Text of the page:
Oriental Mindoro oil spill

7,600 Caluya families get cash aid for Oriental Mindoro oil spill impact

Inday Espina-Varona
7,600 Caluya families get cash aid for Oriental Mindoro oil spill impact

FOOD AID. With their traditional food sources out of bounds due to an oil spill from a vesse that sunk off the coast of Oriental Mindoro on February 28, residents of islands in the Caluya municipality, Antique are currently dependent on food aid from the government.

Philippine Coast Guard-Western Visayas

Region 6 Environmental Management Bureau special concerns chief Arjunn Marven Calvo asks government bodies to control the rate of exposure of people conducting the clean up, especially during the hottest hours of the day

ILOILO CITY, Philippines – Vessels and choppers brought Department of Social Welfare and Development Western Visayas (Region 6) office personnel to islands of the Caluya municipal archipelago in Antique province to start distribution of cash aid on Wednesday, March 8.

DSWD regional Disaster Response Management Division chief Judith Tanate-Barredo said the department will give emergency shelter assistance of P5,070 to each of 7,617 affected families, or 5,732 individuals in four barangays affected by the Oriental Mindoro oil spill.

The total amount for this aid tranche is almost P2.9 million, Barredo said.

The DSWD announcement came with the good news on dwindling signs of the oil slick around Caluya, where black, foul-smelling sludge was first sighted on March 3.

“There is no fresh oil, or drifting oil, or surface oil,” said Commander Jansen Benjamin, operations officer and public information officer of PCG District Western Visayas.


Caluya placed the municipality under a state of calamity on Monday, March 6 due to massive devastation brought about by the effects of oil spill.

On Wednesday, March 8, clean-up teams were still finding contaminated debris, like sea grass clumps, and cleaning shorelines.

Benjamin, however, said beaches on Caluya are turning clear again after the disposal of contaminated sand.

The PCG officer said the oil slick is drifting towards Oriental Mindoro, especially Pola Bay, which he described as a catch basin.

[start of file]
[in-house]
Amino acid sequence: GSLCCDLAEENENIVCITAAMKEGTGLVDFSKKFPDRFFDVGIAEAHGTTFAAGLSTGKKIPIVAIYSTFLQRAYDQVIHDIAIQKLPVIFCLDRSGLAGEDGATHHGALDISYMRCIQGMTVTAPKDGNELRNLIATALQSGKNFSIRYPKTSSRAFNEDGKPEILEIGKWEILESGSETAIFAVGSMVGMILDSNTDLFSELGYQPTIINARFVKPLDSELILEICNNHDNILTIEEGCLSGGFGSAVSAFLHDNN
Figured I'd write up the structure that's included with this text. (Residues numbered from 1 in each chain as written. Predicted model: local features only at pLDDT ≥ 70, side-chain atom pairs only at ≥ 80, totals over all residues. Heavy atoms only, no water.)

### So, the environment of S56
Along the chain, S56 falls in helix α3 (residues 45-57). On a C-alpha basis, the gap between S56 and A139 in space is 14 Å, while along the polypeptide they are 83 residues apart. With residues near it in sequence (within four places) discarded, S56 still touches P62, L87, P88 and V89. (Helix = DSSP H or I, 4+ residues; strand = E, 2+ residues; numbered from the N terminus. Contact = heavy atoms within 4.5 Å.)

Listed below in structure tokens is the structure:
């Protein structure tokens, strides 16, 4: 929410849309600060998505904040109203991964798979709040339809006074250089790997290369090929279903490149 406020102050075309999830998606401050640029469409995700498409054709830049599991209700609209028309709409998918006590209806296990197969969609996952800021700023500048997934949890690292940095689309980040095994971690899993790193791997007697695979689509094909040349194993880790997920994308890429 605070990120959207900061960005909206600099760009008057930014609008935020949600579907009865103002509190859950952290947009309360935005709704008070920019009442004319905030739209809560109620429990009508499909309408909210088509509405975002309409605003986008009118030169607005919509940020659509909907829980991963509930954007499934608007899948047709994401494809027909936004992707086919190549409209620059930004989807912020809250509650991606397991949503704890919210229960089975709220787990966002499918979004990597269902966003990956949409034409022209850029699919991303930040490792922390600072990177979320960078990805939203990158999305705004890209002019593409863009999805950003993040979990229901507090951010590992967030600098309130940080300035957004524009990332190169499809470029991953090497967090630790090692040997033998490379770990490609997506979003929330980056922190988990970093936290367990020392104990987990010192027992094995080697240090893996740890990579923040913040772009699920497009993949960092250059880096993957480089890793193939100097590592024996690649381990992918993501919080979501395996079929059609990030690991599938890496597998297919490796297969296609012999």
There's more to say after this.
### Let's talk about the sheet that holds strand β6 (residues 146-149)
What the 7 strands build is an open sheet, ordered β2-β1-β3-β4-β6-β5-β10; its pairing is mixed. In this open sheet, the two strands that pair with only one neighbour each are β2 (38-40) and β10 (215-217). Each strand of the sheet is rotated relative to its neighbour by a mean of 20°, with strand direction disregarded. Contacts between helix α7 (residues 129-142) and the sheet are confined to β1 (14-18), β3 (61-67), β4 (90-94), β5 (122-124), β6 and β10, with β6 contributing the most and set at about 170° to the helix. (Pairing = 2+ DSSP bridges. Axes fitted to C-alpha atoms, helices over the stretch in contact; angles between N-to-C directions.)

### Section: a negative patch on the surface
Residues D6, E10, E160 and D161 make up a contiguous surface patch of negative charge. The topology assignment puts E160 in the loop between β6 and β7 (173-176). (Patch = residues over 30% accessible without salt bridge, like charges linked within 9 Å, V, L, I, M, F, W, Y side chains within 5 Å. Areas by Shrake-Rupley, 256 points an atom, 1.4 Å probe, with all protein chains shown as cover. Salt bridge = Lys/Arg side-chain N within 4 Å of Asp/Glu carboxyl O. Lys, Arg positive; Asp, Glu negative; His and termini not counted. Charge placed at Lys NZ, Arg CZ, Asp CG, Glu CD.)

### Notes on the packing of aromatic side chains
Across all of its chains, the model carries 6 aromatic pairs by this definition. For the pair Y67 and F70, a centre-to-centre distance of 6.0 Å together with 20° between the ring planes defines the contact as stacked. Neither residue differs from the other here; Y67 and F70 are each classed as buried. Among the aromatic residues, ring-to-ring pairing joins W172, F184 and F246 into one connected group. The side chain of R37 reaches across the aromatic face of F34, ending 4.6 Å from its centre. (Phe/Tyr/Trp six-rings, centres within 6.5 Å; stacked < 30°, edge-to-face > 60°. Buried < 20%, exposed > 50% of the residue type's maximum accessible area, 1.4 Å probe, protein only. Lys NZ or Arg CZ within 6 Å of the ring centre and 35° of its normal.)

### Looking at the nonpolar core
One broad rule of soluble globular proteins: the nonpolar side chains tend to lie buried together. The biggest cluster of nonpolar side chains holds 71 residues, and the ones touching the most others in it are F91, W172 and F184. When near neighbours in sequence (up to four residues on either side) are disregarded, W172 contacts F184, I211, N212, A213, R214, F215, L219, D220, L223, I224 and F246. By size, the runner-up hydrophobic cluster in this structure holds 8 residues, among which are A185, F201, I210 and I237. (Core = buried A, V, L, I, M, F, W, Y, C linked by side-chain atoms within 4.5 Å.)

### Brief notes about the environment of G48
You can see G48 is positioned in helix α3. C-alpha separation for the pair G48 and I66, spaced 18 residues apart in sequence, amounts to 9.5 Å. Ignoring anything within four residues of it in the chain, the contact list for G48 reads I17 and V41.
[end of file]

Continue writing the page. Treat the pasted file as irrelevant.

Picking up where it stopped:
Unless weather conditions change or the currents shift, the risk to the western part of Panay island is decreasing, he added.

CLEAN UP. Ac ombination of coast guard, local government, and medical workers help clean up the coast of Sitio Sabang, Brgy. Tinogboc, in Caluya, one of the areas in Antique province affected by the oil slick that spread from a sunken vessel off the coast of Oriental Mindoro. (Philippine Coast Guard-Western Visayas)

Antique Governor Rhodora Cadiao on March 6 warned against a “ripple effect” that could impact neighboring west Panay areas, including the world famous tourist island Boracay in Aklan province.

Malay town, which oversees Boracay, on March 7 started assembling improvised oil spill booms and issued a heightened alert for a possible spread of the oil slick.

Food aid

Barredo clarified that food packages had earlier been brought to the islands of Caluya, Semirara and Liwagao, three islands comprising Caluya municipality.

Ferry boats brought two teams separately to Caluya and Semirara while a chopper brought another group of DSWD staff to Liwagao.

The personnel on boats left Lipata port on the Antique mainland around 10 am for a six-hour trip to Semirara.

Barredo said they brought 500 more family food boxes to augment the 2,000-plus food packs sent earlier.


To give a picture of the impact of the oil spill that followed the sinking on February 28 of the MT Princess Empress, the PCG said Liwagao island alone had 2 kilometers of affected shoreline.

Volunteers and local government and PCG crew collected an estimated 8,000 liters of oily waste and 600 liters of oily water from the sea. In addition, they collected 10 drums of contaminated sand and other shore debris.

At the briefing, officials released a list of safety wear and equipment sent by the Office of Civil Defense, the DSWD, and the Department of Health, including over a thousand N95 medical grade masks, and 10,000 pcs of ordinary masks, hard hats, goggles, gloves, boots, and PPE sets.

But EMB Region 6’s Environmental Education and Special Concerns chief Arjunn Marven Calvo asked government bodies to “control the rate of exposure of people conducting the clean up.”

“PPE’s (personal protective equipment) can only protect you so much,” he pointed out.

He urged cleaning crew to stay away from oil-contaminated areas at the hottest hours of the day to prevent medical complications.

“Don’t stretch the time you spend on the shore. Cease operations when the temperature gets too warm and wait until the collected oil debris stop emitting heat,” he said in a mix of English and Hiligaynon.


RECOVERY. More than 2,500 seaweed farmers, mostly residents of Caluya town in Antique province, lost their seaweed farms to Severe Tropical Storm Paeng (Nalgae) in 2022. Caluya tourism office

Caluya’s critical seaweed farms are safe for now, Barredo said, adding that initial radar probes of the sunken vessel indicate that most of its cargo hatches seem intact, limiting the oil leak.

“But as long as vessel is on the seabed and cargo remains, there’s a real potential of a spill again,” he stressed.

The MT Princess Empress, on a journey from Limay, Bataan to Iloilo, was carrying 800,000 liters of industrial oil. Benjamin said the Western Visayas PCG still does not know the consignee of the cargo.

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